We’re going to check it out tomorrow. On a bright note, the northern lights were fantastic! I have been setting my alarm and waking up a couple times each evening to check them out and this was the best northern lights evening.

Day 8:
The lunch bus broke down so we all piled into three vans and headed out. We traveled an hour and forty minites to the den site on Luvit Lake. At the den the mom peeked her head out for a couple seconds twice and the cub peeked out for a few seconds three times as well. We are hoping there are at least twins in that den. We’ll see.


Day 9 and 10 consisted of pretty much the same thing. An hour and forty minute drive out to the den, an hour and forty minute back from the den and 8 hours of staring at a hole in the snow in between. On day 9 when we came back and noticed that there were no footprints in the snow I had a sinking feeling that we were going to have a couple unproductive days. I would suspect that the other photographers may spend a few more days just staring at a hole in the snow with the ocassional “peek-a-boo”. The good news for them is that the bears have a long way to travel from that den site, so they may be able to catch up with her again at some point after she leaves her den.
This is what a den opening looks like before the mom and cub(s)  come out.
We stared at this hole for three days. A few heads popped out, but that's it. In
the next day to a week a mother and cub(s) will come out of that hole and the
cub will see the outside world for the first time.

The day after we left the other photographers only saw a couple short peeks from the mom or cub. There still hasn't been word on how many cubs are in that den.

Partly due to the lack of polar bear sightings, I went out each evening to check on the northern lights. I had some success and they too are on my nature photography website.

Saturday, March 8, 2014

Polar Bears 2014; Day Three and Four...

Day 3
We went back to the same den for the third day in a row. The cub is getting more courageous and coming out more often for longer periods of time. The mother only just peeked her head out for a few seconds again today. I checked out the aurora borealis last night and had some fun and some frustration so hopefully they will be out again tonight so I can try my luck again.
Praying for Aurora Borealis and Triplet Sightings

Day 4
Last night I went out photographing the northern lights for a couple hours. I am getting better at it, but the lights were pretty quiet, so I’ll try again tonight.

The bear viewing based on past years of twins and triplets wasn’t the greatest. After three days of photography we have only seen one cub and a couple quick 5 second peeks from the mom. Finally today near the end of the day the mother came out and we had mother and cub interaction. Although it doesn’t sound like much, it was fantastic! This is the first time I have seen a clean mother and cub coming out of an earth den. During the day the cub also had some interesting poses that were really cute, so all in all it was an amazing day. In the meantime, we have missed three sets of twins and one set of triplets slip by us. Sometimes by the time the trackers find the family tracks and catch up to them, they have already gone too far out of our range.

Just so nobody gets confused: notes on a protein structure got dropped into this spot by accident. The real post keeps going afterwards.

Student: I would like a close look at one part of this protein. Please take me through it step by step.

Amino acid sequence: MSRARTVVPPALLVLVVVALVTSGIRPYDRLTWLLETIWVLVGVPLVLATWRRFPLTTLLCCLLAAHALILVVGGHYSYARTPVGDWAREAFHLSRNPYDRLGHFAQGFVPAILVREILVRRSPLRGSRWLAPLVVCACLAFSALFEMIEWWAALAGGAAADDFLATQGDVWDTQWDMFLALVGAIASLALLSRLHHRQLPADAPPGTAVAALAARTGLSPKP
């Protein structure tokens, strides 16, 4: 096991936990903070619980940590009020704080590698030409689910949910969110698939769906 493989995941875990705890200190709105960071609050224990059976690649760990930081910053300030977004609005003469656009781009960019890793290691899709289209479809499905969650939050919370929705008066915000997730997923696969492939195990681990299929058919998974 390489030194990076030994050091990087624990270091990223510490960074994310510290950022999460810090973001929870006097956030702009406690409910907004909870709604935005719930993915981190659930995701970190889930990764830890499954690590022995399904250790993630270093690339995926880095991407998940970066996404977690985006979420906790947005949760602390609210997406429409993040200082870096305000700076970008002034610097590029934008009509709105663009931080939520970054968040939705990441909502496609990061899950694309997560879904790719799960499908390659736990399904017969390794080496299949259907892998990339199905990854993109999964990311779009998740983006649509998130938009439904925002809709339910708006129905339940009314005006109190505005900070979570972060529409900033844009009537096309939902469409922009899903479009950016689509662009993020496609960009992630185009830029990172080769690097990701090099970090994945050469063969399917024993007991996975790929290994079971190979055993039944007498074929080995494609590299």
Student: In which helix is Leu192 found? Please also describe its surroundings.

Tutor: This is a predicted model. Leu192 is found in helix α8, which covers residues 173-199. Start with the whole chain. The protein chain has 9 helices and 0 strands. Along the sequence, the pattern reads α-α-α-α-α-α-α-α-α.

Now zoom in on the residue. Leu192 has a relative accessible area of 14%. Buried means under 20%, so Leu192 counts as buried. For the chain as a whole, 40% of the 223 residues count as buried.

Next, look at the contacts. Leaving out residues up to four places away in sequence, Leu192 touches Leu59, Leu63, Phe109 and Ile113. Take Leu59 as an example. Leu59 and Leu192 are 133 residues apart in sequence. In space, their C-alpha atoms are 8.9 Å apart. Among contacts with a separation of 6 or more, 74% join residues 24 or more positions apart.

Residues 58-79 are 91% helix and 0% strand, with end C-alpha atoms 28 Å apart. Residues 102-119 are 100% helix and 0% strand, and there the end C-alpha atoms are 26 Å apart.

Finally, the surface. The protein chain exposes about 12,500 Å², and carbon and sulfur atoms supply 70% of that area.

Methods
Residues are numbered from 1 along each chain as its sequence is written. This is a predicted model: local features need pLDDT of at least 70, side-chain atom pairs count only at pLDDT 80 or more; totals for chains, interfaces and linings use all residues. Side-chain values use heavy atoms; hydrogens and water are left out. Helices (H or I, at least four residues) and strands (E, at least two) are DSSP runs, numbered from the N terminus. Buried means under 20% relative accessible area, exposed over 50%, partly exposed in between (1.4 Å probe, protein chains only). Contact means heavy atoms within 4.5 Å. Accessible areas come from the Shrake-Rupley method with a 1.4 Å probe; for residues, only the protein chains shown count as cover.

Well, I’ll try to get a little sleep for a couple hours before going out to check out the northern lights. There are some very dim lights right now and the sky is clear tonight so fingers crossed. Hopefully we’ll get some nice lights tonight.

To see more of my polar bear images visit my wildlife photography website My 2014 polar bear images will be up soon...

Friday, March 7, 2014

Polar Bear Moms and Cubs 2014; Day Two

Today we went back to the den with one cub. She popped out briefly in the morning for a few seconds only showing her eyes and head. At 3:08p.m., the same time as yesterday to the minute she came out of the den. She came out and went back in probably 15 times over the next hour. She was really cautious and would look over the bank of the den, then eventually built up the courage to venture out on top of the crest of the den temporarily, then ran back down as if to say “Oh, that was scary!”. Over the next hour, she developed more courage to venture out a litlte bit more for a little longer each time.


At midnight we went out to photograph the northern lights. They were quite nice! I’m looking forward to trying again though with the lessons I learned from my first northern lights try of the year.
For more images from my polar bear safari or others you can visit my wildlife photography website.